“Carl (Haas) called me and said ‘How would you like to start an open wheel racing team?’ I said ‘Not a chance in hell, Carl.’ He said ‘What if Mario (Andretti) was driving?’ I said ‘Where would you like to meet?’”
Those were the words of Paul Newman when described how Carl Haas convinced him to start Newman Haas Racing. In 1983, their operation came to fruition, with Andretti their driver of course, and, after a mere six races, they captured their initial victory. Thus a 29-year run of dominance was launched, and one that will stand up against anyone’s. They won more than 100 races (107 to be exact) and eight championships in CART, Champ Car, and INDYCAR, illustrating themselves as a gold standard by which all others teams, including the great Team Penske, would be measured.
What’s more, the drivers they fielded represent an all-star list of open wheel talent. Mario and Michael Andretti, Nigel Mansell, Paul Tracy, Christian Fittipaldi, Christiano da Matta, Sebastien Bourdais, Bruno Junqueira, Oriol Servia, Justin Wilson, Graham Rahal, and James Hinchcliffe all piloted Newman/Haas entries in their careers, with Servia and Hinchcliffe taking the driving duties for 2011.
Beyond the statistics, which speak loudly enough, they also provided their share of pivotal moments for sport, none possibly greater than their signing of Mansell in 1993. Many will tell you that American Open Wheel Racing peaked that year, with the British driver coming off a 1992 World Championship for the Williams team. The signing of a world champion the season immediately following his triumph (remember that Formula had been considered superior before then) made it obvious that IndyCar Racing had matched Formula 1 in the world scale, a revelation that sent shock waves through the racing community.
They began to struggle after the INDYCAR/Champ Car merger in 2008. Though they continued to field two cars, funding issues caused several driver changes. Justin Wilson was dropped after that ’08 season in favor of Robert Doornbos, who brought money into the team. They also tested Milka Duno prior to the 2009 season, but eventually decided not to field a car for her.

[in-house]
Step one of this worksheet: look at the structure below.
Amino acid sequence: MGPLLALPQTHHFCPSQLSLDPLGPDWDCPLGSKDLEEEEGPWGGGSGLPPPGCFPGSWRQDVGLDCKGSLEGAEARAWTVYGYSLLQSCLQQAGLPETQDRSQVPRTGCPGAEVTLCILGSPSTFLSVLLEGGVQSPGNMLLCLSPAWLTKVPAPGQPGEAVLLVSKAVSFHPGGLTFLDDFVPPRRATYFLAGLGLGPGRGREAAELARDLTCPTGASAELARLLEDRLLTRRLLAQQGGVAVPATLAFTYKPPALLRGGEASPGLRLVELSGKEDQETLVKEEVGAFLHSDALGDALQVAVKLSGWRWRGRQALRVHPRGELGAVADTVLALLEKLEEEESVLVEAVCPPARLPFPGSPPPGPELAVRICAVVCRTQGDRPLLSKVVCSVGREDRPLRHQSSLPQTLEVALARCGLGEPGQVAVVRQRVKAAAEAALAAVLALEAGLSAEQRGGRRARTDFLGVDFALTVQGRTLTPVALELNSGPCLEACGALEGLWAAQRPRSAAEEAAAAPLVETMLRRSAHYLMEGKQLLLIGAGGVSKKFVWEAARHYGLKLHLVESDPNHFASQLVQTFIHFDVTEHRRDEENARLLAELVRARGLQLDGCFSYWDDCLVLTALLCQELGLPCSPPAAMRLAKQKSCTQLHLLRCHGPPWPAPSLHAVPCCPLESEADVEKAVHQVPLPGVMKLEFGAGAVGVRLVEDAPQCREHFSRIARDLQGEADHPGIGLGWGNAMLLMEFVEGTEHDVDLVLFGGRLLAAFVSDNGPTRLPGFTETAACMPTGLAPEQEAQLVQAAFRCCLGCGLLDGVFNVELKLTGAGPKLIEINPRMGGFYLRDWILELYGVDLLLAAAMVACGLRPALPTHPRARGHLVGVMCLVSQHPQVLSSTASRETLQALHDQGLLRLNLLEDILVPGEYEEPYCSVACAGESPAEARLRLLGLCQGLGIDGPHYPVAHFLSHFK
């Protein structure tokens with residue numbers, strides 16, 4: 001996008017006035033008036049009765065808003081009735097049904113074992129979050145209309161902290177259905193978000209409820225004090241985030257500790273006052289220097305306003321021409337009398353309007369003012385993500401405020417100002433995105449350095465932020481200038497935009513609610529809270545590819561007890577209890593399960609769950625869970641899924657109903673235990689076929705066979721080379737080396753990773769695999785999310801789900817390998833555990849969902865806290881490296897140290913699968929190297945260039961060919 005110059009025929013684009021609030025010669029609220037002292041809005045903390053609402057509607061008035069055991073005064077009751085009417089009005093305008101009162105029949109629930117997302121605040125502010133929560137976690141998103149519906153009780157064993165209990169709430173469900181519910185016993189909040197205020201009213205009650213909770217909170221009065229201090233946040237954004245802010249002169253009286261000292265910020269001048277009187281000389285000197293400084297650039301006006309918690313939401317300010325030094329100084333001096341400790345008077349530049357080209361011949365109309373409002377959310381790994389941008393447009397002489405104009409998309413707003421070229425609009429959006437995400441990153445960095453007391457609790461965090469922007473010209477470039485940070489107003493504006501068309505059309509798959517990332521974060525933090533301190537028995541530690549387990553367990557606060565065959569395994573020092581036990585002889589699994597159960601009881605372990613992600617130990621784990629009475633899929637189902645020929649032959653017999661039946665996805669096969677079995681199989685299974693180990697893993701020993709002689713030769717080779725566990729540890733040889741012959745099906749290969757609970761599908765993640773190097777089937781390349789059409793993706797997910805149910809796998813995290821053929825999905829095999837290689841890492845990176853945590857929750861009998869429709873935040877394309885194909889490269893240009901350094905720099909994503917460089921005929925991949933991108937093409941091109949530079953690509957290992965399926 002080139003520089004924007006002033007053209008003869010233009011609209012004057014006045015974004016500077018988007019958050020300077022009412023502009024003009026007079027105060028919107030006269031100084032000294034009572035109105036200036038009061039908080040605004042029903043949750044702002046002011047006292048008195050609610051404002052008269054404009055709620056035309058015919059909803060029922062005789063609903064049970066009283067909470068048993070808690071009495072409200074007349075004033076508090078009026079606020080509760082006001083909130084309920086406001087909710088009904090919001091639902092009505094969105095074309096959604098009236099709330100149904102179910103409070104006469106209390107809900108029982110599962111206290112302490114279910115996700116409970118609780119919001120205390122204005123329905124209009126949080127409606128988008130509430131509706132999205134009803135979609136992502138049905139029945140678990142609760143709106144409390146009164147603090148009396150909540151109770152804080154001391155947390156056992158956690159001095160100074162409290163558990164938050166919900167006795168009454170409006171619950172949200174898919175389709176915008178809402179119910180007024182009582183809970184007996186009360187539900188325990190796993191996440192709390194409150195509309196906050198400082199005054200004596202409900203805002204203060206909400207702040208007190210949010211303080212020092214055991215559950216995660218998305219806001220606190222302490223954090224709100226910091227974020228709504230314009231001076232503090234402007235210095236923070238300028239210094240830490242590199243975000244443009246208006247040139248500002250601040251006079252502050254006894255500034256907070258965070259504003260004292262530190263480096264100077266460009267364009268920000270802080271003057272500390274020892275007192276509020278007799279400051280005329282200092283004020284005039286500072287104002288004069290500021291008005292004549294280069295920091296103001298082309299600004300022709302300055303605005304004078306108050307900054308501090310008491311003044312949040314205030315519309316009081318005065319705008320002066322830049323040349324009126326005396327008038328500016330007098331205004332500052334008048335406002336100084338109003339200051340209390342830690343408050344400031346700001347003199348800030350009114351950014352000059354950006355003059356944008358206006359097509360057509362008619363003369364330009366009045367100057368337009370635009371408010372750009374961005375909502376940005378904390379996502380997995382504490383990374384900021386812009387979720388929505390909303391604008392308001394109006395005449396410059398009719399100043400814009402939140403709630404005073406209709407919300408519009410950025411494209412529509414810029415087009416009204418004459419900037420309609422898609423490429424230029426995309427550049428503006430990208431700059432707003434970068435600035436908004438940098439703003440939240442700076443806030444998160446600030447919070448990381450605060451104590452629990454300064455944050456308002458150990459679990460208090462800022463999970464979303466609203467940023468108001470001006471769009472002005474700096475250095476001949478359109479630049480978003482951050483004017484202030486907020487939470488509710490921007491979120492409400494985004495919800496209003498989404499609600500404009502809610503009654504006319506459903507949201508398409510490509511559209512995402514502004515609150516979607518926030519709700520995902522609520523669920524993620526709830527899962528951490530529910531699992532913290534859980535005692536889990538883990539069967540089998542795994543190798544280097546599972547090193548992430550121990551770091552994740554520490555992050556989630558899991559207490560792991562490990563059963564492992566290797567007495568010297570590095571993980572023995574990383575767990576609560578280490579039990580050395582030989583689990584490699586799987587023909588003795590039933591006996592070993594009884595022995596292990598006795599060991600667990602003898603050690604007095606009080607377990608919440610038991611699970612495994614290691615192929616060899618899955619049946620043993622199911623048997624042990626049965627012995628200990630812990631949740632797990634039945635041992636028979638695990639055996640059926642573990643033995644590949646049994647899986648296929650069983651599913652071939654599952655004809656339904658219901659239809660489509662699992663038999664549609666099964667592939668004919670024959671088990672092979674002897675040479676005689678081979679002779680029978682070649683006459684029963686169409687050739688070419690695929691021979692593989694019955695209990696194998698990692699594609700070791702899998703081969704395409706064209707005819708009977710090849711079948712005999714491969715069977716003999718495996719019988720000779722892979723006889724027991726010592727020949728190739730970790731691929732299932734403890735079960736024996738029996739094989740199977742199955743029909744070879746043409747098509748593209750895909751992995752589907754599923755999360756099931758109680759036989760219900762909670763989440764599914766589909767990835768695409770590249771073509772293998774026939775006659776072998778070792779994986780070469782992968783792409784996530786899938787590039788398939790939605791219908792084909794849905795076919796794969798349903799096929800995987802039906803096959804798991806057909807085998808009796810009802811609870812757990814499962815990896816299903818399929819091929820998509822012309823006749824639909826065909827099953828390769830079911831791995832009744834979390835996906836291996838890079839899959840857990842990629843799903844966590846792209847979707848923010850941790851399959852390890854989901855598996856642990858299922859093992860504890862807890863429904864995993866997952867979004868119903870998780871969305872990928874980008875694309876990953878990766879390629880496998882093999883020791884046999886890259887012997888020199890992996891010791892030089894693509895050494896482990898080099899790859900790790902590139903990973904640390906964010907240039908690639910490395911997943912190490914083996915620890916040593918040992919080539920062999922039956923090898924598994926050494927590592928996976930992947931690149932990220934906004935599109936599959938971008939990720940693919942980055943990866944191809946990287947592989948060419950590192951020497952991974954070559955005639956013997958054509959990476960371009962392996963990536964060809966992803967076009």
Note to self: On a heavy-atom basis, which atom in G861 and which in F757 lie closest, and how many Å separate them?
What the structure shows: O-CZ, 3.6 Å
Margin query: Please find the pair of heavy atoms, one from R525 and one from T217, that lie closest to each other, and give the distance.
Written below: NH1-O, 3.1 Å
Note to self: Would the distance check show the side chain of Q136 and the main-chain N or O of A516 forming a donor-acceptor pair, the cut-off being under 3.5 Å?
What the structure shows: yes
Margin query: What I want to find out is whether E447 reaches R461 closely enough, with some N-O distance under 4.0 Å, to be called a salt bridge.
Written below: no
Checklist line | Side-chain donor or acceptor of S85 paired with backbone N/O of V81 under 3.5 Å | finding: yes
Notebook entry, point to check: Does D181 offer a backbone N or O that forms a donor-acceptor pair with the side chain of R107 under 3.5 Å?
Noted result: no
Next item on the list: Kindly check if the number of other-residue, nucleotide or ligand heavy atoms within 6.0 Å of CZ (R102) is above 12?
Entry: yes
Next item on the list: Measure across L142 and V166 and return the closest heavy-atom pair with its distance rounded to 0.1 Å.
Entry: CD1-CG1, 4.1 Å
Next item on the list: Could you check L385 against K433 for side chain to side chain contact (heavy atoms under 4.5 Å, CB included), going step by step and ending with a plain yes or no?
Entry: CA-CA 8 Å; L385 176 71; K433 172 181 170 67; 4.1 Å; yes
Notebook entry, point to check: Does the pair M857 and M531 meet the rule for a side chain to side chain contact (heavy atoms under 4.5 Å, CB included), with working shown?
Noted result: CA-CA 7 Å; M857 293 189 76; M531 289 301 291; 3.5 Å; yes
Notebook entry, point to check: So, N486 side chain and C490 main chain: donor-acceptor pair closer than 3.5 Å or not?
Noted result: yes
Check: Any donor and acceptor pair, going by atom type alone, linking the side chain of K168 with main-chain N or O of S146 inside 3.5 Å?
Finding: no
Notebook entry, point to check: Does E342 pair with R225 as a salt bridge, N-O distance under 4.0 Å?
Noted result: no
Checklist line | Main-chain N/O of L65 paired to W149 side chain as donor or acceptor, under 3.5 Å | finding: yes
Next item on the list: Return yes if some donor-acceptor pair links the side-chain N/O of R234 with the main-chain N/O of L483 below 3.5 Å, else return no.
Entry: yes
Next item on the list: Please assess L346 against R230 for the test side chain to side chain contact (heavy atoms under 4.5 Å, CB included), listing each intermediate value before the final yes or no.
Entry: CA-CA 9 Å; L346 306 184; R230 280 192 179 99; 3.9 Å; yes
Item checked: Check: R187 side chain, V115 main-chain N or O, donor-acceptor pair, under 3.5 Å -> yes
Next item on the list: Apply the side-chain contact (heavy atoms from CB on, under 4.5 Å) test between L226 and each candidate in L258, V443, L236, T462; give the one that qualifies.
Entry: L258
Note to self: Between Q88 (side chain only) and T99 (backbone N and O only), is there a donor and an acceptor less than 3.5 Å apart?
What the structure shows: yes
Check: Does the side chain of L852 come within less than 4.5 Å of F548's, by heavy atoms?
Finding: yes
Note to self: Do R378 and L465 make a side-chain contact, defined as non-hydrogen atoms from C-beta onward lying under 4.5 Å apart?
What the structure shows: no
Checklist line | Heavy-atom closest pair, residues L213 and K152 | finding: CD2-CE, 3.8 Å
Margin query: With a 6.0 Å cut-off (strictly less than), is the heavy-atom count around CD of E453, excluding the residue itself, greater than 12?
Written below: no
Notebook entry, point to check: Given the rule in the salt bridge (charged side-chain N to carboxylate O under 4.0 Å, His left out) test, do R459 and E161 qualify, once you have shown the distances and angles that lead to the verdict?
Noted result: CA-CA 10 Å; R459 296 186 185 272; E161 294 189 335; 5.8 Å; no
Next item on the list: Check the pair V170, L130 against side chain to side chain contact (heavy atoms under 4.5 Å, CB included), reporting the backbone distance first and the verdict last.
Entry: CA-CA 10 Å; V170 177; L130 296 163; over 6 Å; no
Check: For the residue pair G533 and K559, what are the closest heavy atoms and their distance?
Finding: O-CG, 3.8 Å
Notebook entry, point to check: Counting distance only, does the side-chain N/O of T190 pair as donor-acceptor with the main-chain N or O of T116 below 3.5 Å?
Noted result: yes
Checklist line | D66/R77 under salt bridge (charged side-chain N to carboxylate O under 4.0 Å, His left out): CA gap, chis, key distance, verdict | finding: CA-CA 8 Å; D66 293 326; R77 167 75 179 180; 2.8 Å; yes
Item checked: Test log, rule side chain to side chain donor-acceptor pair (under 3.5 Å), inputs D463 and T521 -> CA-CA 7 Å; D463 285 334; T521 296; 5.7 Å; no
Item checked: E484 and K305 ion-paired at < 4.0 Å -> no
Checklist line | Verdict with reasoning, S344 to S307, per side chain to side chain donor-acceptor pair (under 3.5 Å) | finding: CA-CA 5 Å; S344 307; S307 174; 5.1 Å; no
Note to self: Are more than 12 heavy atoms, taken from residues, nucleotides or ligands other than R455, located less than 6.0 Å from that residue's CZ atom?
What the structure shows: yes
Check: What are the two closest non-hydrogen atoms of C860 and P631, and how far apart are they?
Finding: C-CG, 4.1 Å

When Doornbos’ funding ran dry, Servia and Alex Lloyd were brought in to finish out the season. Graham Rahal was the next to feel the burn of the team’s financial problems, as his ride went belly-up after McDonalds pulled their sponsorship. Hideki Mutoh contested a full 2010 campaign (with support from Honda) while Rahal was left a part-time program after sponsorship was found later in the season.
Sadly, after a 2011 season that saw a major upswing in performance (Servia finished fourth in the standings while Hinchcliffe was the Sunoco Rookie of the Year), Newman/Haas will not be able to answer the bell in 2012. Many of the drivers have expressed sympathies via their twitter pages. “Hate seeing my good friends @NewmanHaas won’t be racing next year,” said Rahal. “I loved those guys, fantastic group. Can’t believe we won’t be seeing them.”
The success they enjoyed in 2011 hopefully showed the paddock how strong the 30+ employees of Newman/Haas were, allowing them to quickly regain their footing in the sport. The same goes for drivers Oriol Servia and James Hinchcliffe, with both now on the market for new teams.
No one enjoys news of a team closing its doors. But, that news is especially tough when said team was the caliber of Newman/Haas. There remains a possibility that the operation will resurface, something we all hope is true. But, for now, one of racing’s all-time great teams won’t be around in 2012.